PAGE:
Interesting.

I'm going to have to give this a try.

If I turn my dehumidifier off for more than 24 hours, my basement turns into swampthing's lair this time of year.

Could I dry the powder out in the over after I'm done?



"Folks who can't read the numbers on the dippers probably should not be reloading."

Accidents akin to grabbing the wrong dipper out of the box are SELDOM about comprehension problems. They're about unusual occurences or odd happenstances, or simple inattentativeness. That's why they're called accidents as opposed to "I see where Jimmy the moron blew off two more fingers and his left ear not paying attention while reloading... that only leaves him with half an ear and 3 fingers. He'd best quit while he's ahead."

I also wasn't claiming a safety issue for point two. There may be specific, gun related reasons why you want to stay in a narrow charge weight band, instead of creeping up .3 or .5 grains on average. Keeping your POA is a good reason.


Once again, using a scale allows you to fine tune your feel for using dippers, and is a good checksum procedure that any prudent individual should be interested in.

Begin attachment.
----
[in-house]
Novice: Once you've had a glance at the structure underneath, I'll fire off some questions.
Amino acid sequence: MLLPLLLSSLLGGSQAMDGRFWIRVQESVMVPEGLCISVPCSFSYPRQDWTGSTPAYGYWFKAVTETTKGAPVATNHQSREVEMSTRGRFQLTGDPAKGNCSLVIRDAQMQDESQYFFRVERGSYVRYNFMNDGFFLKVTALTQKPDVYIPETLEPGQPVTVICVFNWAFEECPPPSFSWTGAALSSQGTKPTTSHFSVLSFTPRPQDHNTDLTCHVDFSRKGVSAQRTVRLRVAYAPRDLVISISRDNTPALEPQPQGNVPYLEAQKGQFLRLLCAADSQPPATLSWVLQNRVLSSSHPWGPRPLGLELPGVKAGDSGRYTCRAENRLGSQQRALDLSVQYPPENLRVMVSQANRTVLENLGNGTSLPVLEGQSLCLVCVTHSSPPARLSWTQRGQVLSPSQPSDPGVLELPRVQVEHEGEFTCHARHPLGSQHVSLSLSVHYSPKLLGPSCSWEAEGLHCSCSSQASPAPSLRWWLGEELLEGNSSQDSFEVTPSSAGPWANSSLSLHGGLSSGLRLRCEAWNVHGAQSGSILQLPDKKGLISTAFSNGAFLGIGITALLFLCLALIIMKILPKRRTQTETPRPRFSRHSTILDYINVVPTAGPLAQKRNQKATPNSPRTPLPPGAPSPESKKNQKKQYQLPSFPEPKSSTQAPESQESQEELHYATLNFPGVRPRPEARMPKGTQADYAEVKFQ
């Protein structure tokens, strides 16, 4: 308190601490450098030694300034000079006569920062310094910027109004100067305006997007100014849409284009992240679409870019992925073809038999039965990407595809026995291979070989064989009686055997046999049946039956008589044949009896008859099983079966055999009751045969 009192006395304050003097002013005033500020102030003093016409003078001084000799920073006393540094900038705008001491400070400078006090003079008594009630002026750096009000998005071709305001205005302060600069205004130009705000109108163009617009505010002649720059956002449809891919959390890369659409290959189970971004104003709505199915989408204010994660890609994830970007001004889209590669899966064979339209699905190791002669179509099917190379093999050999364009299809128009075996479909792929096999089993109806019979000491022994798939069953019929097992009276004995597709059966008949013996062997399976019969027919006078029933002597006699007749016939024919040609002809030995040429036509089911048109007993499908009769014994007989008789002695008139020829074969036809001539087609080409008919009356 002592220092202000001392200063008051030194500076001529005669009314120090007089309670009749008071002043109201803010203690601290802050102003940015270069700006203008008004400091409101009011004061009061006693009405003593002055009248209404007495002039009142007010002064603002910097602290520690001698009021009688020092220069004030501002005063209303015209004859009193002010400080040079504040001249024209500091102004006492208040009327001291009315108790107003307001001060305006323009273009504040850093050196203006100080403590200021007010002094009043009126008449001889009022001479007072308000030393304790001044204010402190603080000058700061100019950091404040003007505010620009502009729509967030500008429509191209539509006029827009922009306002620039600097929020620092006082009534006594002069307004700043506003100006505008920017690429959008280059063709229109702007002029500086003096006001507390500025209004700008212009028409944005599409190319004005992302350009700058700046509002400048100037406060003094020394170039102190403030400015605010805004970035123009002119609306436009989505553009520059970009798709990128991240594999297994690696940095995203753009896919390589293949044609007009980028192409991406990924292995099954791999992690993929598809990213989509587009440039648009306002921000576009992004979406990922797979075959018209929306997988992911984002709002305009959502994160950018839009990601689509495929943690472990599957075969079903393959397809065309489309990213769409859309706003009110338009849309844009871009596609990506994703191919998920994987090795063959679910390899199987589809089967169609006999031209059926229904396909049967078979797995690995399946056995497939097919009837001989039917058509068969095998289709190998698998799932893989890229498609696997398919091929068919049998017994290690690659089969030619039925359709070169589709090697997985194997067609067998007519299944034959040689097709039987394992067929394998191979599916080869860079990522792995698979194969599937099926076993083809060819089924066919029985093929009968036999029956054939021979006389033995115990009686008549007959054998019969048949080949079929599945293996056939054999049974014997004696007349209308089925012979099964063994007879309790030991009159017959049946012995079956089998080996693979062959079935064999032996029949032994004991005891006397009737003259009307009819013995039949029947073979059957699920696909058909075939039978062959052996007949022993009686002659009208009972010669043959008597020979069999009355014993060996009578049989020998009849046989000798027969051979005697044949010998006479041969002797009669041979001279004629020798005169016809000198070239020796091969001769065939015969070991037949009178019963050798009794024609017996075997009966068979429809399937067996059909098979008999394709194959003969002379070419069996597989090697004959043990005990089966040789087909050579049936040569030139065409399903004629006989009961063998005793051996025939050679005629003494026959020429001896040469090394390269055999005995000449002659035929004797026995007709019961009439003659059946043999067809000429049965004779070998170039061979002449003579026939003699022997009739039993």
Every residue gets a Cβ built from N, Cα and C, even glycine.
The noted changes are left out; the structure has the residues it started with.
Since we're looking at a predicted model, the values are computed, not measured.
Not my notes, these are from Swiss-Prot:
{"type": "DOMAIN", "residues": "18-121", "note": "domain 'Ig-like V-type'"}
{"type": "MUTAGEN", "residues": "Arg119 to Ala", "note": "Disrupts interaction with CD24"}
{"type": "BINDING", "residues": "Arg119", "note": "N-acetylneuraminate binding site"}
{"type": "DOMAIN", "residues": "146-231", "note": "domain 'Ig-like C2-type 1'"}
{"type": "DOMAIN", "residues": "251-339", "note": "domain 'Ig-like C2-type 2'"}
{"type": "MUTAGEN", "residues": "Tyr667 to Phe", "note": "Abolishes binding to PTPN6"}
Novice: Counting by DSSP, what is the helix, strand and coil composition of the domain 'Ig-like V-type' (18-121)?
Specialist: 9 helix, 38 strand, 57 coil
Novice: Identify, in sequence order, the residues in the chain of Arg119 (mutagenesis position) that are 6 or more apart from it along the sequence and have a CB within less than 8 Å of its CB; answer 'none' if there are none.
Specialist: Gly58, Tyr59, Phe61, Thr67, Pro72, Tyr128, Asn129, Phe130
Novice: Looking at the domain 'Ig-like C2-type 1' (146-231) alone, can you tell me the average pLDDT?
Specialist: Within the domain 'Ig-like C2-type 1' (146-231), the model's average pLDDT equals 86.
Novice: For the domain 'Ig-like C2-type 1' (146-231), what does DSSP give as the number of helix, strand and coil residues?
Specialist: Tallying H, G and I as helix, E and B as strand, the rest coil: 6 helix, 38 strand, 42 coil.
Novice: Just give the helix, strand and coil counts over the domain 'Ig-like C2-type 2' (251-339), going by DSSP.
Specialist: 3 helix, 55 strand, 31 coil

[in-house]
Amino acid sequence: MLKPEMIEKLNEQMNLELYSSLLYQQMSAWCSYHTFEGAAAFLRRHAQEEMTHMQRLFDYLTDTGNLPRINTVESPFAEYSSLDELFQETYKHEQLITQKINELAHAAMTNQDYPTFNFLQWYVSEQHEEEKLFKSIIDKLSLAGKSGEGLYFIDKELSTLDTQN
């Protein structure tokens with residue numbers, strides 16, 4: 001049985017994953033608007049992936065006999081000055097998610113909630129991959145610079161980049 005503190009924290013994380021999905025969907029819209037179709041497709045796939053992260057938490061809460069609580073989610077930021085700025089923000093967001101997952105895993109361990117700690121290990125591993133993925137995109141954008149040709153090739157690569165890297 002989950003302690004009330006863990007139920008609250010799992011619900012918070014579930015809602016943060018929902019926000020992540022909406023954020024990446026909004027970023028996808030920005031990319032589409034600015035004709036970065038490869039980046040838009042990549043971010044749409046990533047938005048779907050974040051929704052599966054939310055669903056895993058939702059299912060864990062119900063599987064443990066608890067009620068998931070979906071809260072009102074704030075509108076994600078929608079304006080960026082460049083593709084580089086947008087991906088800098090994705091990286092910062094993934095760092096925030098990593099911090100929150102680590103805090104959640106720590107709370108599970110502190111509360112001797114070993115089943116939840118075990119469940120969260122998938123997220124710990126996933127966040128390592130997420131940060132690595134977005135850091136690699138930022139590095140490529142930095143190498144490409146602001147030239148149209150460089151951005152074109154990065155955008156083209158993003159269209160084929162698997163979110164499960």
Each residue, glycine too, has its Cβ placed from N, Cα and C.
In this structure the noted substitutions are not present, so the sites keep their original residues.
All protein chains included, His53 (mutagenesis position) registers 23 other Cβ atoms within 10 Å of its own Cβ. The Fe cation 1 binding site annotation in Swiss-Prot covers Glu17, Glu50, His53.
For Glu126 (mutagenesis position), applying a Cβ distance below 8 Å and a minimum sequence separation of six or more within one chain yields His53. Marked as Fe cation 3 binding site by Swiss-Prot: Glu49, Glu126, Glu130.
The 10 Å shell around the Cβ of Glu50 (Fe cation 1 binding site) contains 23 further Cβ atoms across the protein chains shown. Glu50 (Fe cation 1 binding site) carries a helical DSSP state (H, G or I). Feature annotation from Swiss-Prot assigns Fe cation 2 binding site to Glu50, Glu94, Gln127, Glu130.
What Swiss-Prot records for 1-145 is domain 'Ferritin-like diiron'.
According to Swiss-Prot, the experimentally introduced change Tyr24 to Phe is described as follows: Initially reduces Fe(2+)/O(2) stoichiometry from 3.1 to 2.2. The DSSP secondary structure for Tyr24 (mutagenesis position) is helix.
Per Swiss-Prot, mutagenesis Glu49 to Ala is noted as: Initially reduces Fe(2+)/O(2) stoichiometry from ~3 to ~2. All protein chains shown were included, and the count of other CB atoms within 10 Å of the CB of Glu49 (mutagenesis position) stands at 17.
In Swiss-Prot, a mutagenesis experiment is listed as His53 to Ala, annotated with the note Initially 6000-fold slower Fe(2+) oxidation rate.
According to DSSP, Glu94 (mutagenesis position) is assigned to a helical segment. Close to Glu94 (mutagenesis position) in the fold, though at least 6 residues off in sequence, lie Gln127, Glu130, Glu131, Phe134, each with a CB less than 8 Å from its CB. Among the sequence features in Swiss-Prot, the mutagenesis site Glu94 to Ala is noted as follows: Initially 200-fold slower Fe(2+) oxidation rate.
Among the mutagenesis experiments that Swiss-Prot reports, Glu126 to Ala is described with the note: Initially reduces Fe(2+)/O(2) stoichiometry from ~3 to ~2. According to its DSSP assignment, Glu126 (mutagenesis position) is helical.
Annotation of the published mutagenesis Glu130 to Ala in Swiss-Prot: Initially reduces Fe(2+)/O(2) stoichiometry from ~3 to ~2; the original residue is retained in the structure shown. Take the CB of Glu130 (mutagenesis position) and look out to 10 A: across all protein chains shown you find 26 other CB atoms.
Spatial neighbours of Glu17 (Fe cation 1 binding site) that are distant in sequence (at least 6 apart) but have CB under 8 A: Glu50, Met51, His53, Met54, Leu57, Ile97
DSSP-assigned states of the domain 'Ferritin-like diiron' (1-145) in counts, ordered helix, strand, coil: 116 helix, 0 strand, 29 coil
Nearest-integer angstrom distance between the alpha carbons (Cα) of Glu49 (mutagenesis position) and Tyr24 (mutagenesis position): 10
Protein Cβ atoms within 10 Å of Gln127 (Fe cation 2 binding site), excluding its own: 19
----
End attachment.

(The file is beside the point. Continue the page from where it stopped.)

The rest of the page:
Oh, and there's one other reason why using a scale with a dipper is a good reason, espeically if you're working in new or unknown territory...

Loading manual typos.
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Old June 14, 2005, 03:03 PM   #10
Edward429451
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Interesting thoughts on powder absorbing humidity. I believe it does but am open to learning if I'm wrong...


Many times when reloading I'll knock off for the night, and if I know that I'll be back at it the next day...I don't empty the measure. (I know I should, but don't) I come back, reconfirm zero on the scale and recheck my measure setting. It's almost always a little heavy from what it was the night before. I have been reducing the charge back to my target weight to be on the safe side and because I'm no scientist so will err on the side of caution. I know its the humidity though. Anyone else ever experiance this?
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Old June 14, 2005, 03:12 PM   #11
Leftoverdj
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Quote: